Merrett thinks Accord’s approach to affordability for borrowers without debts or significant outgoings makes it a “very attractive option because it is able to deliver very positive outcomes for the right type of customer”.

Meanwhile, Clark says: “Accord has just released some sharper rates but it needs to make more criteria adjustments and have more of a BDM presence if it is serious about increasing market share.”

Another panel member says: “Underwriting criteria can be excessive and pedantic and it can be obsessive over very small and insignificant details. We often encounter problems if a client is not registered on the electoral roll or has been removed from it in the recent past.”

Harle adds that, although Accord is hard to beat on rates, its service is inconsistent and a lot of chasing is required through a laborious processing system to secure the best deal for a client. “There is a prevailing feeling that its underwriters look for reasons not to accept a case. On the plus side, however, its phone-based BDMs know their stuff and the team provides excellent support if your nominated BDM is unavailable.”

Clydesdale Bank

Clydesdale has fallen significantly in our panel members’ estimation, dropping by three places to tenth, and bottom, in our table.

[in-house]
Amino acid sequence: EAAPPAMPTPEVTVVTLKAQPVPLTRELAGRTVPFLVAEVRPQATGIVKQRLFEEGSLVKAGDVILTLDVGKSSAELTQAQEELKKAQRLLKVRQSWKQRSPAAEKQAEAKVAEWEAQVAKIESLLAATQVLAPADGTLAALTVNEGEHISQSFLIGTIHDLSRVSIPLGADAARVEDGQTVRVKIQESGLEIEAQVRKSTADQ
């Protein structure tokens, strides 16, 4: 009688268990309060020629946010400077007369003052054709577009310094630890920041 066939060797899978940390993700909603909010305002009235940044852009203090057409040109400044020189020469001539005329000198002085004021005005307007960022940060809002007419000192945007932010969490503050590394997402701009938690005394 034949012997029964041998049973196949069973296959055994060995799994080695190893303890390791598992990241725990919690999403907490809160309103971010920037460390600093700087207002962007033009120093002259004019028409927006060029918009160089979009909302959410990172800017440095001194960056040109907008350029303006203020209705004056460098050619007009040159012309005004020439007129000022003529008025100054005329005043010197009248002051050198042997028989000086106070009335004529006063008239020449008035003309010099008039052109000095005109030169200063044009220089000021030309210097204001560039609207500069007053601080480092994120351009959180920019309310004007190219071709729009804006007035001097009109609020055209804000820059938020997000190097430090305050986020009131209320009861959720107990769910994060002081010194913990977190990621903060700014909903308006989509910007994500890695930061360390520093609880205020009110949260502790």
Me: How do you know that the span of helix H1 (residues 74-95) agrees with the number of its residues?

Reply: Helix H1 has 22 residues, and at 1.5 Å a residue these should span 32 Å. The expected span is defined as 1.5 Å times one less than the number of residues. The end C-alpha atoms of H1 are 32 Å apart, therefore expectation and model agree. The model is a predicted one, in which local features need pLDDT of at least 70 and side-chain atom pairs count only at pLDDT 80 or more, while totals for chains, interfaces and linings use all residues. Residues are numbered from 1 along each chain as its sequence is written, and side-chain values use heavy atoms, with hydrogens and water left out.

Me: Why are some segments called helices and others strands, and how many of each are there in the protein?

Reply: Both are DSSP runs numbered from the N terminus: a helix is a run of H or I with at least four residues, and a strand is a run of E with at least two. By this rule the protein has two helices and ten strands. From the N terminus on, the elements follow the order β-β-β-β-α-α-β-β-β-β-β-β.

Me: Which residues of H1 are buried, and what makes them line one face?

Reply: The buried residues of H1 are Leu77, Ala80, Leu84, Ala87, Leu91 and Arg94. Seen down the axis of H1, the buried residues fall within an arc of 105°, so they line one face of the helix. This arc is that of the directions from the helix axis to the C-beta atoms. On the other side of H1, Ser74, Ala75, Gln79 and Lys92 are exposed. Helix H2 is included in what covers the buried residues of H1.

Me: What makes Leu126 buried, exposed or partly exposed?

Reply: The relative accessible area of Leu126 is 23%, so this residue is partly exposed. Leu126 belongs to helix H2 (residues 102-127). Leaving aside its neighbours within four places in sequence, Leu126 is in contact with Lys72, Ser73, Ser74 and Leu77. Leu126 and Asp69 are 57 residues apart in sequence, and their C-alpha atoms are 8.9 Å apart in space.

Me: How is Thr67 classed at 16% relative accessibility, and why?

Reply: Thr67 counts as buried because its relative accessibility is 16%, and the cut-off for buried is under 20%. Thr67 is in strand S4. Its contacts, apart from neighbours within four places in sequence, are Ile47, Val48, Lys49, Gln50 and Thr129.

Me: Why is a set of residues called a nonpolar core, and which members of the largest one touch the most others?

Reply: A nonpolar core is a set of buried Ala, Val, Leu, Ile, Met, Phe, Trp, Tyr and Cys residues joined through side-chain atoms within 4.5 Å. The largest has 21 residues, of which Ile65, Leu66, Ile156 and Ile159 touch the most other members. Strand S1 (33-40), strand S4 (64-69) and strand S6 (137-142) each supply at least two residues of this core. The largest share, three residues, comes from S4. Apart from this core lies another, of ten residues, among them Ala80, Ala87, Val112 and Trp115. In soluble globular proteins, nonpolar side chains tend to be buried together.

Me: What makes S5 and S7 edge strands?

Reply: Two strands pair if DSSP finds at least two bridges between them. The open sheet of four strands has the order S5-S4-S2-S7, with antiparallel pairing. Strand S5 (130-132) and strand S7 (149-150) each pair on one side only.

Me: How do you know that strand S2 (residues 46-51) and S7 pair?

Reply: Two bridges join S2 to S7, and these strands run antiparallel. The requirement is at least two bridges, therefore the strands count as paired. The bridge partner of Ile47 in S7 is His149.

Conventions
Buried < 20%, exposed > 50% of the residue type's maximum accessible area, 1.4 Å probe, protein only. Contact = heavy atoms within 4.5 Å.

Harle says despite being hard to beat for bigger loans, Clydesdale is “a bit of a last resort for anything else”.

She adds: “Its realistic approach to higher-end lending is commendable but it can sometimes be let down by its underwriting system, which needs to become more flexible.“It can also get bogged down on the service side, although generally it offers a reasonable range of products.”

Sheppard approves of the way Clydesdale permits its local BDMs to agree cases, getting them to put their name on applications so that the underwriter knows they have been discussed prior to submission.“This sets Clydesdale apart from other lenders; long may it continue,” he says. “Its rates have not been as competitive this quarter but it makes up for that with its BDM being as good as he is.”

Clark says the lender continues to win business with its ‘no credit scoring’ policy. “Its underwriters have the ability to really consider the individual merits of an application and are backed up by knowledgeable BDM’s,” he says.

However, one panel member says: “Clydesdale’s online system is poor for sending documents; these are often missed or fail to come through properly.

“For some reason, its staff continue to fax updates to us even though we don’t have a fax machine, using the number registered on their system, which is ‘0000000’. We’re unsure why it keeps doing this.”

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Battle royal

Lenders have been more aggressive with pricing of products this quarter. The trend looks set to continue as some raise their upper age limits and Barclays launches a guarantor 100 per cent LTV mortgage.

Lenders are having to think more strategically about which products they offer and how these can help to widen their hold on the market.

Brokers and their clients want lenders to be more pre-emptive and calculated in choosing their product offerings, which means the future ‘game of loans’ will not be one of rates alone.